Marvin Andujar Awarded $80,205 NSF EAGER award
CSE Assistant Professor Marvin Andujar received the NSF EAGER award for his research project titled "EAGER: Immersive Brain Painting for College Students with ADHD" which aims to "explore to what extent ADHD students' attention retention can be improved through creating paintings with a Brain-Computer Interface (BCI)."
Each year many students diagnosed with Attention Deficit and Hyperactivity Disorders (ADHD) enroll in universities to pursue a degree; overall, it is estimated that up to 8% of college students with known disabilities are diagnosed with ADHD, while there are of course many more who are not formally diagnosed and for whom ADHD is a hidden disability. As a concrete example, the awardee institution currently has approximately 1,500 students with known disabilities of whom 342 are ADHD. Typically, these students are expected to perform at the same level as those with a high attention span; curricula and lectures are not designed with ADHD students in mind. So, while ADHD students may spend more time studying outside the classroom to compensate, they often fail to notice their attention has drifted until precious time has been wasted. Currently, there is no immersive neurophysiological tool to help improve attention retention and reduce mind wandering. If successful, project outcomes will have broad impact by paving the way to a better and more successful life for students with poor attention spans, whether or not diagnosed with ADHD.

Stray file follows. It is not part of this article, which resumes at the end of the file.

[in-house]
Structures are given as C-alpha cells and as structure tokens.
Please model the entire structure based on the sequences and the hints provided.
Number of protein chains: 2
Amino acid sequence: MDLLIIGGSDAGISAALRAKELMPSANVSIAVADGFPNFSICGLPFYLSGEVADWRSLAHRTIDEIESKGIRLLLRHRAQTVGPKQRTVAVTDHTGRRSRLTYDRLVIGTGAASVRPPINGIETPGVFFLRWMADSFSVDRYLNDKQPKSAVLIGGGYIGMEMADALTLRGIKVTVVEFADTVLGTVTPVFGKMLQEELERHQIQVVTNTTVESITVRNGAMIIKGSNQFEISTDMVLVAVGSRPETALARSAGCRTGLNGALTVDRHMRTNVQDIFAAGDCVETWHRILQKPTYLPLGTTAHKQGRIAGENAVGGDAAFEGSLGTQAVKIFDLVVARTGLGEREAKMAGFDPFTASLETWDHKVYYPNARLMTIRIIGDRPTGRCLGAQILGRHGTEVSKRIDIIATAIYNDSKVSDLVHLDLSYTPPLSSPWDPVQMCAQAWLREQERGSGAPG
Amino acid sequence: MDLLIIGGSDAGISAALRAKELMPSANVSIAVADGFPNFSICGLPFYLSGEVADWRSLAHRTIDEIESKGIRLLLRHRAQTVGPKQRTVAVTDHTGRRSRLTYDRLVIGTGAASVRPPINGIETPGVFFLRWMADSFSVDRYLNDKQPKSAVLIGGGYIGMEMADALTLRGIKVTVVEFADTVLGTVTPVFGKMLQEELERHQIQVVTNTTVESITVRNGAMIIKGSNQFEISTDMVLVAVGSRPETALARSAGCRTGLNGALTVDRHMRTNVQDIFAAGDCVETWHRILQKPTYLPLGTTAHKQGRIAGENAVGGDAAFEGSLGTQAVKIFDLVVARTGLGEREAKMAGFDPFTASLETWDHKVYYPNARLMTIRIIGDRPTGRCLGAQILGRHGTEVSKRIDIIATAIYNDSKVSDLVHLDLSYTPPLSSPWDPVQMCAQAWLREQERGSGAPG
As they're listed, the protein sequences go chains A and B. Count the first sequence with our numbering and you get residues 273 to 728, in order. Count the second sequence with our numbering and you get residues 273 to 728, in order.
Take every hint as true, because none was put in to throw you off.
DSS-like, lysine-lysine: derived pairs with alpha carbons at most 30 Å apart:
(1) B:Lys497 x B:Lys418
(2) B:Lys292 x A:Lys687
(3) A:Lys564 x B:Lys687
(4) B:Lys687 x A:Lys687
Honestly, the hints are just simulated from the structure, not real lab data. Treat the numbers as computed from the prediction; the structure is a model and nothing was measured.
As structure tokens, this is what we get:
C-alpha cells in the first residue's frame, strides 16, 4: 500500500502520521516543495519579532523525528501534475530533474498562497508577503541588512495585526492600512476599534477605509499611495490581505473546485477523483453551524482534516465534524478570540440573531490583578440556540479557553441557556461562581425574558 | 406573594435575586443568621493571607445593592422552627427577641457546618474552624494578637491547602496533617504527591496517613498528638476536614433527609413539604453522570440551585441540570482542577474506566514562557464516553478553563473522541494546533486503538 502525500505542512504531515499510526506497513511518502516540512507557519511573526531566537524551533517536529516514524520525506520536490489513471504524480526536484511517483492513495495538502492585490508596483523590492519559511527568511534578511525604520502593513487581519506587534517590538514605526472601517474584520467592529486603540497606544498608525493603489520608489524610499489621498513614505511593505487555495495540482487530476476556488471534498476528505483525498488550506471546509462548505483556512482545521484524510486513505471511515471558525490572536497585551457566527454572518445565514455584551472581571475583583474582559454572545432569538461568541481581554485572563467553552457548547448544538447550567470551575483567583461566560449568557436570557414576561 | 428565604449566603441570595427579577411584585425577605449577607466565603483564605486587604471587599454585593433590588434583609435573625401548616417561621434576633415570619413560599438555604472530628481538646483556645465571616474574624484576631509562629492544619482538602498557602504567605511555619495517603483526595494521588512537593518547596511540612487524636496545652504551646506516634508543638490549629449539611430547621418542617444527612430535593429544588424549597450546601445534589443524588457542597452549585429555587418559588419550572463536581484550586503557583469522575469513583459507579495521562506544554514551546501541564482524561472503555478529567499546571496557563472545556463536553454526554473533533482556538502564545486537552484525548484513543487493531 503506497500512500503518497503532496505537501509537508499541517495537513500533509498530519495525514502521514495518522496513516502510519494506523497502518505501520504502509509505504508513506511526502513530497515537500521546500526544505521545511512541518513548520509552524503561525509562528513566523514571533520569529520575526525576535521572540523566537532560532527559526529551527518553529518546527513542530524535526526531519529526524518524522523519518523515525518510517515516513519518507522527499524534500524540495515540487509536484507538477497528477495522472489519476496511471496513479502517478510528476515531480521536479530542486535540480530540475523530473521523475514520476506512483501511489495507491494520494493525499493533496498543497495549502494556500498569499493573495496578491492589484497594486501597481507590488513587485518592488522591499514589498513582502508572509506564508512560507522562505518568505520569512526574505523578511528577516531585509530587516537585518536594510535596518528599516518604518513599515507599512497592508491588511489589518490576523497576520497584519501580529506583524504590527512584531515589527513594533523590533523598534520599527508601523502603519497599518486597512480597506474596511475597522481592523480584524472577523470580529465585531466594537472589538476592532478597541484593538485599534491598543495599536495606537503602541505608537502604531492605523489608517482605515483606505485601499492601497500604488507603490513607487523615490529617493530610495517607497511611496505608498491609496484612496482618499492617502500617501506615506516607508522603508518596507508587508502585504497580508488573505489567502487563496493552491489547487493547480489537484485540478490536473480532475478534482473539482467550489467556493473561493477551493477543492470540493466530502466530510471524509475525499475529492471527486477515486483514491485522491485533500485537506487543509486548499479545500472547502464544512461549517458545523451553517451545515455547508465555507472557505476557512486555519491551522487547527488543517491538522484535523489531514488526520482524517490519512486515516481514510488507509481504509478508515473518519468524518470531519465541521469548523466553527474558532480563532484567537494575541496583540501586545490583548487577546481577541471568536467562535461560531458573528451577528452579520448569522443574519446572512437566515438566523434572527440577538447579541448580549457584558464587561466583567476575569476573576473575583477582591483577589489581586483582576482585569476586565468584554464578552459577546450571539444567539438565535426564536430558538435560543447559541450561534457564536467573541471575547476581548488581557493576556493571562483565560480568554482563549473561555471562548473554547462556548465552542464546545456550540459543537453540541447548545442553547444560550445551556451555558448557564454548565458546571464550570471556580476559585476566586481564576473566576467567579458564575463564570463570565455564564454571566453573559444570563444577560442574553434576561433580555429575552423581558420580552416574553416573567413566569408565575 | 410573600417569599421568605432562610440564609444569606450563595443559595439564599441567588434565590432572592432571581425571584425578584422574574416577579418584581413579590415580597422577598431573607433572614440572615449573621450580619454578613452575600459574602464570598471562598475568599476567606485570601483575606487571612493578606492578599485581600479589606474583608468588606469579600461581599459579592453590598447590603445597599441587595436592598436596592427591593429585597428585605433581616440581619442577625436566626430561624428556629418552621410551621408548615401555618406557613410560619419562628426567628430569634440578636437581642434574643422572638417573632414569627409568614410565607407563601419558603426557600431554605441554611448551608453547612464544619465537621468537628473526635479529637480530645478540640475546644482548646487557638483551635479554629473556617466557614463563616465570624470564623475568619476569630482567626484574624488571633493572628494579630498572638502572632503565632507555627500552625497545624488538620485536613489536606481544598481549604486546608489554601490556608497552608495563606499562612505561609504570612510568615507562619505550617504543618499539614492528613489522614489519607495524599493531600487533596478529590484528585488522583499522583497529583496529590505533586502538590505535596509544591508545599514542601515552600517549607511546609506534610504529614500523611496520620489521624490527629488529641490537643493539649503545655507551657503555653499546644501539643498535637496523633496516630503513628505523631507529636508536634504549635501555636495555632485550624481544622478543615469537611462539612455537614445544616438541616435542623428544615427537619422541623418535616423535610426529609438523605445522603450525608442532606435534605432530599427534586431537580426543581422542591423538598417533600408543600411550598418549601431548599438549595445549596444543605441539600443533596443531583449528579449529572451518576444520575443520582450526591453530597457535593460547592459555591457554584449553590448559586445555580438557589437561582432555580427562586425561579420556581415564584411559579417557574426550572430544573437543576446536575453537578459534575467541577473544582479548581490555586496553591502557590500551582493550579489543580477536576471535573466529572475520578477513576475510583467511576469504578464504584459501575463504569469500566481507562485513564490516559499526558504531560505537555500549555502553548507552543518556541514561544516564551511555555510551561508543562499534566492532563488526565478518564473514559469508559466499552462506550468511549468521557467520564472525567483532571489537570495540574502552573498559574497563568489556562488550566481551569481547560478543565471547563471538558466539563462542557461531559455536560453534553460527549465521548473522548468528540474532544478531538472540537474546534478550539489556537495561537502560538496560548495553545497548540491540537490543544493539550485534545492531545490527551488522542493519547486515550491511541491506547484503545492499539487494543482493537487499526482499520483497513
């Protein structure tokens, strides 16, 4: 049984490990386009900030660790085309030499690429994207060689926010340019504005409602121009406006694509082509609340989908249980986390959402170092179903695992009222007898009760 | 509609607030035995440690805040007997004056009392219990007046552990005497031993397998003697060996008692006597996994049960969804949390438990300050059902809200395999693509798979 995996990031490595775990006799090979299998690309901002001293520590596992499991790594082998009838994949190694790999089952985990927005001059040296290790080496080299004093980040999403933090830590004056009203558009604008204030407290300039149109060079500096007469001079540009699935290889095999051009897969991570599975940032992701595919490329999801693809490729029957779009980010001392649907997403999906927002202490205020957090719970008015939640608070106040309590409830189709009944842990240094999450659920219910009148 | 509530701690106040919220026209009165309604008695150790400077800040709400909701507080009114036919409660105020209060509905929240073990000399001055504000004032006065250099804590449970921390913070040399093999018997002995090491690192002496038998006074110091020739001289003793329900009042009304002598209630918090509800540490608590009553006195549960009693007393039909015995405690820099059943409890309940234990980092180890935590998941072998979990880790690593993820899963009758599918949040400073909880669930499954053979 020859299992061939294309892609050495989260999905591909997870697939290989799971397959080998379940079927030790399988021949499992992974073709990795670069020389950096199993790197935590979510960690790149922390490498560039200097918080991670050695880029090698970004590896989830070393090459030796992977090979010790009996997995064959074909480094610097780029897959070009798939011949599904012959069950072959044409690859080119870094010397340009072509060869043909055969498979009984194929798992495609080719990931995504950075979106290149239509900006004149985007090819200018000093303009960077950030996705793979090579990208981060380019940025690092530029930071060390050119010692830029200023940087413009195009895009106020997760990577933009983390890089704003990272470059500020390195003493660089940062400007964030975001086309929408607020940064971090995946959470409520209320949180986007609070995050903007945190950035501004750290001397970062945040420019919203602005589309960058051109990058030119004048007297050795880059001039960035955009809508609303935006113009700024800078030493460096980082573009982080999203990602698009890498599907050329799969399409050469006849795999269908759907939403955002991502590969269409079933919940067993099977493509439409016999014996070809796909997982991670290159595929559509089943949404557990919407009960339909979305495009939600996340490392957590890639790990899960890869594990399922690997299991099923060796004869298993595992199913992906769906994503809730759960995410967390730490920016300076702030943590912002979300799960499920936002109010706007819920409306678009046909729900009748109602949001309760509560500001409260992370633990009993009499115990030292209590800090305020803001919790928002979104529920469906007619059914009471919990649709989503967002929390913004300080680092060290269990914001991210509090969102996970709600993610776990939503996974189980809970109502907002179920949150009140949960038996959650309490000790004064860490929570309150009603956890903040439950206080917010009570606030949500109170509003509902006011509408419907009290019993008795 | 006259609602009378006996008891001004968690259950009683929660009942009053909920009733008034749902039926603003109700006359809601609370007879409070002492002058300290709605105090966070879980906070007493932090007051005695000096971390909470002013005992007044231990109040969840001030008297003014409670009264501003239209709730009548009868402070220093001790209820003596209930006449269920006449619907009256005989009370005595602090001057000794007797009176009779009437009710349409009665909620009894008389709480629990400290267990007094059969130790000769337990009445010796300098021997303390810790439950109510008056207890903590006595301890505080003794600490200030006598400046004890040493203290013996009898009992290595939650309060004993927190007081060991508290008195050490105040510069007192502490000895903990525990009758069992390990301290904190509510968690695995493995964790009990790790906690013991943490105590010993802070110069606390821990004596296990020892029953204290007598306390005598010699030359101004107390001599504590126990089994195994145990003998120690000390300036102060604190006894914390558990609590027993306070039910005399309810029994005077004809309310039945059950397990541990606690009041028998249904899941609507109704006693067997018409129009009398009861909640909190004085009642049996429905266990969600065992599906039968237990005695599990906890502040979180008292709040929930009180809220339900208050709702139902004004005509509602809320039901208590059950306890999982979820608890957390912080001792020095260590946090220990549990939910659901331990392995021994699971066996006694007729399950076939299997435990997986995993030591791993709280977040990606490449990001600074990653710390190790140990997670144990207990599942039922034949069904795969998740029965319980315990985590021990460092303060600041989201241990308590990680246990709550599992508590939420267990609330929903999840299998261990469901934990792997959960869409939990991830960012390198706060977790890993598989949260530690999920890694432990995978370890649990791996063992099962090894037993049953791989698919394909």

The research will establish a comprehensive and empirical method of investigating the effects of painting with the brain using a P300 stimulus to improve attention retention. Subjects will need to focus on a stimulus on a computer screen to create their desired image, which will require a lot of concentration to complete the task accurately and in a short amount of time. This skill once acquired could transfer to other situations requiring prolonged attention, thereby helping the students perform more successfully in school.